The Arabist

The Arabist

By Issandr El Amrani and friends.

Mubarak poll splits Muslim Brotherhood

Yesterday's polling of public opinion by Al Misry Al Yom has triggered dissent inside the Muslim Brotherhood. While Egypt’s opposition leaders were near unanimous in taking a defiant stance against Mubarak, Mahdi Akef, leader of Egypt’s most powerful “opposition� force, sang a different tune.
Al Misry Al Yom: Is the Muslim Brotherhood requesting an end to the rule of President Mubarak?

Akef: I am not asking for that because I don't know whether whoever will follow him will be better. The problem is with the regime/system in its entirety. Let me tell you that at least we know President Mubarak. As for what will come after him we don't know him. The regime now is a police, dictatorial single man regime. I don't have any say in the matter. Our problem is with this regime/system, not with President Mubarak personally.

Al Misry: But most of the opposition powers are demanding that Mubarak end his reign?

Akef: There is no opposition in Egypt. And the problem is not President Mubarak. Rather it is the regime that he is overseeing. He is a man that we respect in every way, because he is the guardian of the state (waly al amr), and Islam, in the holy Koran, obliges us to obey him. We want the people to choose and to speak their mind and the Muslim Brotherhood will stand with them.

Al Misry: But the people see the need to change item 167 of the constitution (which deals with how the president is elected)?

Akef: If they truly want that then the MB is with them, but the people do not want that.

Apparently Akef’s statements didn’t please other members of the Muslim Brotherhood. This was the response from members of the Muslim Brotherhood, as printed in Al Misry Al Yom the following day.

Essam El Erian: "The demand to change the constitution is something that all the political powers agree on, because choosing the president of the republic from among more than one candidate is a basic condition for healthy democratic elections."

Muhammad Abd Al Qadoos, a writer and member of the Muslim Brotherhood: "Every opposition force in Egypt, foremost among them the Muslim Brotherhood, is demanding the elections of a president from among a number of candidates. Given that the supreme guide was requesting something other than that, he was expressing his personal opinion and that is his right... Changing the we elect the president is a condition of reform and a condition of democracy in this country. Elections must be between a number of candidates, so as to ensure that president is elected."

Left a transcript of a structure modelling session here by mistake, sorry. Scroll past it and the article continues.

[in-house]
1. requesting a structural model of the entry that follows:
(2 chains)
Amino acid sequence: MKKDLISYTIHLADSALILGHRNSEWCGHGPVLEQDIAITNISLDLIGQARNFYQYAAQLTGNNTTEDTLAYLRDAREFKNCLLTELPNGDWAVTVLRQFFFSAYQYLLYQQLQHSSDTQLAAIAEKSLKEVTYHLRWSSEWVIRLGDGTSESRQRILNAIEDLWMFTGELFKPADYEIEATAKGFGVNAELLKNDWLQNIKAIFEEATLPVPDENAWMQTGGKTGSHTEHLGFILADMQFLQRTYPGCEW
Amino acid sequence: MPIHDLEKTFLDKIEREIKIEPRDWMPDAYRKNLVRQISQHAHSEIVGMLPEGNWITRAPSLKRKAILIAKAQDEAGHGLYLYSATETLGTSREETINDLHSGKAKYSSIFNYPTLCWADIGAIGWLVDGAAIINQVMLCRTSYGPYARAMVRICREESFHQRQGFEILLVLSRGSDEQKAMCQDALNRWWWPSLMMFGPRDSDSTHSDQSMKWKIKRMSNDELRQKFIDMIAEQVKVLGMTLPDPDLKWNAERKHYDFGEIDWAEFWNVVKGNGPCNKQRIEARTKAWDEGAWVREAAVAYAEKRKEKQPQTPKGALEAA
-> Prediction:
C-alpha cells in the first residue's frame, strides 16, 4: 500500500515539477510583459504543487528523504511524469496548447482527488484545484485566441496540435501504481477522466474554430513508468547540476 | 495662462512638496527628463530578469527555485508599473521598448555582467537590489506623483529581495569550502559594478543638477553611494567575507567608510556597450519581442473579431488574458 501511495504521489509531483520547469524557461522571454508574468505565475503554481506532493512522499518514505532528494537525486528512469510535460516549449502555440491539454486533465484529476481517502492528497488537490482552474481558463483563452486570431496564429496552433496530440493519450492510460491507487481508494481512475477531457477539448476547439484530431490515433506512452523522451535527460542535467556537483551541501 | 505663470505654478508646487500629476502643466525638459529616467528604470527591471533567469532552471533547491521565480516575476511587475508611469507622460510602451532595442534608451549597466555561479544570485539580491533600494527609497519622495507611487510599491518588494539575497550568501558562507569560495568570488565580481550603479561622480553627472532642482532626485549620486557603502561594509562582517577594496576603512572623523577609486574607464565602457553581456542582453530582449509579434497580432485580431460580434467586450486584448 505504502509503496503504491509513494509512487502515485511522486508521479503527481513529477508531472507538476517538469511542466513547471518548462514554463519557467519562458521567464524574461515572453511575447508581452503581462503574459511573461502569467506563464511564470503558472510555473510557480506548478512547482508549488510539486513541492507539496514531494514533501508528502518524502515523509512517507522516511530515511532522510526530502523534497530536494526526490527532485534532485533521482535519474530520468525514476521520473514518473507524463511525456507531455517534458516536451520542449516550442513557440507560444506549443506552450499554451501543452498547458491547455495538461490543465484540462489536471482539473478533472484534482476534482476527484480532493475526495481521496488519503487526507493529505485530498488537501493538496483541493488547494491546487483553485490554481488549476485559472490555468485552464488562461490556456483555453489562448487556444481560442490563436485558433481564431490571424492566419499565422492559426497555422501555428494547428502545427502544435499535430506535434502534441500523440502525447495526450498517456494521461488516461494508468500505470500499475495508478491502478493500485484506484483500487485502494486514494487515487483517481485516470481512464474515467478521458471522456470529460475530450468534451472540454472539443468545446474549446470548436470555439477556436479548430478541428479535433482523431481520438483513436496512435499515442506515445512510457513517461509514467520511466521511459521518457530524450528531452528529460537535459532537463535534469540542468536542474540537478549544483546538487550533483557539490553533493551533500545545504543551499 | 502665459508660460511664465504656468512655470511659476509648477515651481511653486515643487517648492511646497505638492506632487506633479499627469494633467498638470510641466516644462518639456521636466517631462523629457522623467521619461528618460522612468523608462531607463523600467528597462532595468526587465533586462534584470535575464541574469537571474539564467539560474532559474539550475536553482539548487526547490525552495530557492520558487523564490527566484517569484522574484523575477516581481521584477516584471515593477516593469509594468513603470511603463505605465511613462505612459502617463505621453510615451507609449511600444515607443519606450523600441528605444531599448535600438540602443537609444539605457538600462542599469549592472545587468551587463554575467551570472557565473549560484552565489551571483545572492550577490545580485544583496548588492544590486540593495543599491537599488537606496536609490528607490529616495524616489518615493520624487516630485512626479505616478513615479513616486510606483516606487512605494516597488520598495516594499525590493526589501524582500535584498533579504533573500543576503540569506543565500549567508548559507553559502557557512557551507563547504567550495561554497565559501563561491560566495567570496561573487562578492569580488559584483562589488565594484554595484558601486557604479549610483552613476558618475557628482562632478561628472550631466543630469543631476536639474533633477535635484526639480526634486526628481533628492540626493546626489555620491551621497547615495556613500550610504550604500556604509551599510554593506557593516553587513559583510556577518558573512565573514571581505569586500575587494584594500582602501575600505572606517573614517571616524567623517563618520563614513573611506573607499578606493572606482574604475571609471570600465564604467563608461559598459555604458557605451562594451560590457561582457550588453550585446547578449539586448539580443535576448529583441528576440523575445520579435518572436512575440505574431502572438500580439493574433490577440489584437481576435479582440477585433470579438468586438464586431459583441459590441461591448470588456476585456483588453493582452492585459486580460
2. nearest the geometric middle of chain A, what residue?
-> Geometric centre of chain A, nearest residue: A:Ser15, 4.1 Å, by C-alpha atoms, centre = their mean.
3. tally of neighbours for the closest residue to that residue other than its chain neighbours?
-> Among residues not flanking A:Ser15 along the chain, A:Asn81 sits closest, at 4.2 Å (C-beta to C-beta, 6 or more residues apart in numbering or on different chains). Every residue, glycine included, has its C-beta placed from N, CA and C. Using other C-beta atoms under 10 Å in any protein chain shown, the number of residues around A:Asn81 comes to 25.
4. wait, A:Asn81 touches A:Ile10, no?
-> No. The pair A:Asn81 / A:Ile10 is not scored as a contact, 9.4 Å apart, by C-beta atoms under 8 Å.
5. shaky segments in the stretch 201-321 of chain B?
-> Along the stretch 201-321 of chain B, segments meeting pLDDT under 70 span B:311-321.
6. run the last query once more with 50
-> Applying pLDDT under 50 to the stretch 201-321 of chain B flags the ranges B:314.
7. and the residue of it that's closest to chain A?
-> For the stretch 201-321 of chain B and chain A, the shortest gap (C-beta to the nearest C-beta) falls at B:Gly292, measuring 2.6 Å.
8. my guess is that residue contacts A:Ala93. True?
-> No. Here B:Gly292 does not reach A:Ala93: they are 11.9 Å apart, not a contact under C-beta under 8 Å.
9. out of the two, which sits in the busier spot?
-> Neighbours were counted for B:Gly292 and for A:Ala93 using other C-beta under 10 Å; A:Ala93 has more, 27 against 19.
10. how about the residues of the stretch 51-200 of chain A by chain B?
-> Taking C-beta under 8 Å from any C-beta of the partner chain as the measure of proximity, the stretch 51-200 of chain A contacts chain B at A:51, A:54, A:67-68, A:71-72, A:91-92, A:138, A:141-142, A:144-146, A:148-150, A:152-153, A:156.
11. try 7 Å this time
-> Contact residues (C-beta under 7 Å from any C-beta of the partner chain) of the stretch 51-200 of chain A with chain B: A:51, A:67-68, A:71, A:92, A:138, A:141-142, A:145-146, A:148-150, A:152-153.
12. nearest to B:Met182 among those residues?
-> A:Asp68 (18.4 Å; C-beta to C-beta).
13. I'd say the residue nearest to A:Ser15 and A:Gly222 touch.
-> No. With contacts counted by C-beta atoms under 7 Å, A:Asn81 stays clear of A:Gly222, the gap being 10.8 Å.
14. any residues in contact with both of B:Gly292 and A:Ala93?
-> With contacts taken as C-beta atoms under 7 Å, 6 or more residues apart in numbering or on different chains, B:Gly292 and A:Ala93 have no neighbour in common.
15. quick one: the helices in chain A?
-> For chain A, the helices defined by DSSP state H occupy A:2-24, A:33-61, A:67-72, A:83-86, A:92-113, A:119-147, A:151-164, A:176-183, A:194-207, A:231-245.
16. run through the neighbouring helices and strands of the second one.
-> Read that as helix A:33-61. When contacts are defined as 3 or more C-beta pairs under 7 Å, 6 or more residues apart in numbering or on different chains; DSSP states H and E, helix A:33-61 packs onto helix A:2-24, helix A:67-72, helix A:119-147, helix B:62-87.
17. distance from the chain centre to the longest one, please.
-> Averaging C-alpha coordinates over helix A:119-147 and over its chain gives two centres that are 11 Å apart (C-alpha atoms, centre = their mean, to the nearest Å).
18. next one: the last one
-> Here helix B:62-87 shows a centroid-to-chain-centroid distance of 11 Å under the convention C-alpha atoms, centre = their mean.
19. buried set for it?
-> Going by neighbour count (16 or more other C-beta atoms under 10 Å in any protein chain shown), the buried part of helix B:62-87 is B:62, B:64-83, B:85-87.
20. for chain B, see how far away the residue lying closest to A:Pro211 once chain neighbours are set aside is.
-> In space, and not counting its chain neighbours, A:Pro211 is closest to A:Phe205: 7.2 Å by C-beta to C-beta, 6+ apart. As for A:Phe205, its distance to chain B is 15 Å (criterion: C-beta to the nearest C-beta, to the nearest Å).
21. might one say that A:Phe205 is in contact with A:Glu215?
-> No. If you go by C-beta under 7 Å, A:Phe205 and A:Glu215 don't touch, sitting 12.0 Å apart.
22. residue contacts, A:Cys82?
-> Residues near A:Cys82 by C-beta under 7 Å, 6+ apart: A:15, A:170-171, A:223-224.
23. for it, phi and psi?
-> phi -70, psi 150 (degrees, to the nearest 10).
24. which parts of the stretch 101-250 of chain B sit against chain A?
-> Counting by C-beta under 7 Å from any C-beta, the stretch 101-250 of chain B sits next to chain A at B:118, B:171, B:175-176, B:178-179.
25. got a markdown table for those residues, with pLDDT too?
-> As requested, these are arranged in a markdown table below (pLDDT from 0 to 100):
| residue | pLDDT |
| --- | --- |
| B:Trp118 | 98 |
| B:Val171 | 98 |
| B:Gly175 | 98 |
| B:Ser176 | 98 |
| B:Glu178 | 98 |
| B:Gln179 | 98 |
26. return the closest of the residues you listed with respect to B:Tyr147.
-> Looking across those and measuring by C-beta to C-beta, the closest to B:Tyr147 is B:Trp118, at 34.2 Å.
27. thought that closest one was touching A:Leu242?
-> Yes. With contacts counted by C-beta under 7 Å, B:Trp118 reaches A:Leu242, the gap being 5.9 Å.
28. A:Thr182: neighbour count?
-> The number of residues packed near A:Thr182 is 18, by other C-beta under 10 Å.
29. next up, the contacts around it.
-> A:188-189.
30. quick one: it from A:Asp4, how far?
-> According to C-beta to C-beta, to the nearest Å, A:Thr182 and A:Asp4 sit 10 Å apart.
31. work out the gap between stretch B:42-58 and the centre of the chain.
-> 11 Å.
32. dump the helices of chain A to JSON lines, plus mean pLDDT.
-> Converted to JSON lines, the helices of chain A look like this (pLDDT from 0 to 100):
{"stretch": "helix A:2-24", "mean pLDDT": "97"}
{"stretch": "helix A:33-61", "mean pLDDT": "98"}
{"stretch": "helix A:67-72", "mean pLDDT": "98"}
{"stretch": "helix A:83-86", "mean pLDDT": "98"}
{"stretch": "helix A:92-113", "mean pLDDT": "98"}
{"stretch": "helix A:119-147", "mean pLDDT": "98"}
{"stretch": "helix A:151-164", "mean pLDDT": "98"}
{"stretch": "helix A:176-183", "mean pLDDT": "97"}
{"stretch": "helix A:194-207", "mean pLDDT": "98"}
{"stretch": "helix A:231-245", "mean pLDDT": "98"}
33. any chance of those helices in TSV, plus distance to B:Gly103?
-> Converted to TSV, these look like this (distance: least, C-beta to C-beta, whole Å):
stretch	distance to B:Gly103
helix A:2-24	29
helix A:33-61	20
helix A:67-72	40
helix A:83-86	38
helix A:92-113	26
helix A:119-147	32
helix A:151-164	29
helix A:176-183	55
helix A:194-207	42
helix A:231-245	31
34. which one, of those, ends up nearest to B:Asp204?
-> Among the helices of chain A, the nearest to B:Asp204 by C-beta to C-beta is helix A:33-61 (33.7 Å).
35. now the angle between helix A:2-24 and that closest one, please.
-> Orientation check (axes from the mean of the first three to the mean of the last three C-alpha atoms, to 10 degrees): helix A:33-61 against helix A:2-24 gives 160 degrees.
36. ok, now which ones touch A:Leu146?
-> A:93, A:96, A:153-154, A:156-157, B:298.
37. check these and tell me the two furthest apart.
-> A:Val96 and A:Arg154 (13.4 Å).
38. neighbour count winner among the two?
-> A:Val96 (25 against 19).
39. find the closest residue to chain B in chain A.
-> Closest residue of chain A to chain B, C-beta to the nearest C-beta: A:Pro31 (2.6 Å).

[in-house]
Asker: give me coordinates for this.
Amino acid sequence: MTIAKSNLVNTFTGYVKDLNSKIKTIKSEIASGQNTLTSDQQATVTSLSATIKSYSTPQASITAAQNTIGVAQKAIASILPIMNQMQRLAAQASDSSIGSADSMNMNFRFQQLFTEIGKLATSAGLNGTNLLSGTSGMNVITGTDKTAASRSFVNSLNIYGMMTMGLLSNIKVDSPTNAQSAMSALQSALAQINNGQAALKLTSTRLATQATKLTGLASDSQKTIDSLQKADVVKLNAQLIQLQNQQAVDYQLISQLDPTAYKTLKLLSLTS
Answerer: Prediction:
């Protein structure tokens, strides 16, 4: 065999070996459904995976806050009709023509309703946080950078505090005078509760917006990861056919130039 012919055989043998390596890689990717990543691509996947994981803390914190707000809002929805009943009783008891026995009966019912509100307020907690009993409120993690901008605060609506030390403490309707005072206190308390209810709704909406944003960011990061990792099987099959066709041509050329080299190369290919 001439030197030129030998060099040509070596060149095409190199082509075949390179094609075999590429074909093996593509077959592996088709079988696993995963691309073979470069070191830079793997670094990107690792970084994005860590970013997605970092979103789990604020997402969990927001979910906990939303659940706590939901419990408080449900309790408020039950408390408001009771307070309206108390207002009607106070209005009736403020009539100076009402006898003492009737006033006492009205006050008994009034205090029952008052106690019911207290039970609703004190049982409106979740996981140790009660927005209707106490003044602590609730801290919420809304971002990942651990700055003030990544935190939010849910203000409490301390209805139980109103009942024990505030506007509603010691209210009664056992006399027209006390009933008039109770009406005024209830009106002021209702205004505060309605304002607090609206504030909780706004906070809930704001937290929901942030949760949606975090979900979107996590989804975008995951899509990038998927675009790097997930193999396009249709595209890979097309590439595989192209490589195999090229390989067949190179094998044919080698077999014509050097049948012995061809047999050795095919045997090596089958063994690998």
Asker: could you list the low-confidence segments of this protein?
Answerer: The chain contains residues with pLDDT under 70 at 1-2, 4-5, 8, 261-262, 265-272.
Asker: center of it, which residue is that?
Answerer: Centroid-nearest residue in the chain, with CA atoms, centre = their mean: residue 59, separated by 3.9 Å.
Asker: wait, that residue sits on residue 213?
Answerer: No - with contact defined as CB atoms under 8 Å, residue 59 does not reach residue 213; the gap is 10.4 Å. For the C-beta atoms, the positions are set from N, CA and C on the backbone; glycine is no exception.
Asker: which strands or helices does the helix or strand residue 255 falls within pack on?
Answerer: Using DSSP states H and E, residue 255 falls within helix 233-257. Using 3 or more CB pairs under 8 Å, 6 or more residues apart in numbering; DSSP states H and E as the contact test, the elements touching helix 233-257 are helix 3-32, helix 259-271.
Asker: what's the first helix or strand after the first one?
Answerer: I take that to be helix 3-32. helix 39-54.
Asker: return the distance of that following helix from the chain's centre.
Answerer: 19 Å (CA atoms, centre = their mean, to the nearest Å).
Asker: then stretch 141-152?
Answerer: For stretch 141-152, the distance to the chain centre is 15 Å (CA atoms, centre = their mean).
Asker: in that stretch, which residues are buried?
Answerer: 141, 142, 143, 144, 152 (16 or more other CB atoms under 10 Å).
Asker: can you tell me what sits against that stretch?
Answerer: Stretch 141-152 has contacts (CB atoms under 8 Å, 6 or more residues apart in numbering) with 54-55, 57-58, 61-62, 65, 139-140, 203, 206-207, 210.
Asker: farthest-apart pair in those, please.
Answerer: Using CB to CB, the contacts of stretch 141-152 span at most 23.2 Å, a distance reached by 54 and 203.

Abdel Monem Abdel Maqsoud, lawyer for the Muslim Brotherhood: "The demand to change the constitution to get rid of the single candidate referendum as a means to choose the president is a just demand and we differ with the what the supreme guide said. This is a basic demand of reform."

Abu Ala Al Maadi, head of Al Wasat party and a former member of the Muslim Brotherhood had this to say: “The statements of Akef are outside the national consensus, and provoke a number of doubts about the true positions of the MB.�

Here is more of the New Years Day poll in Al Misry Al Yom. The headline was: "The politicians and the thinkers have reservations... university youth say No... citizens are between no and yes..."
Thinkers, politicos, and intellectuals rejected a renewal of Mubarak for a number of reasons, among them: not conducting political and constitutional reform, the regime’s slowness in carrying out comprehensive changes and constitutional changes, in addition to the economic crisis that has become worse in recent years.

As for the man on the street and citizens in Cairo and the governorates, they varied between yes and no, but the bigger percentage of them said they did not want Mubarak to be president again. They gave as their reasons the problems and crises confronting the citizens whether on the level of political and civil rights or economic considerations, especially the decrease in income levels and crazy price increases. Meanwhile many citizens said they wanted Mubarak to continue leading the country for various reasons, among them: maintaining stability and security, his long experience in overseeing the affairs of leadership, in addition to his success in dealing with the United States, Israeli and the other dangers that confront the nation.

But the true surprise came inside the fences of Egyptian Universities, as a crushing majority of youth in the universities said a frank “no� to another term for Mubarak. They demanded a change of blood inside the regime, and expressed on their hopes that the future would be better for them, considering that it belongs to them more than others.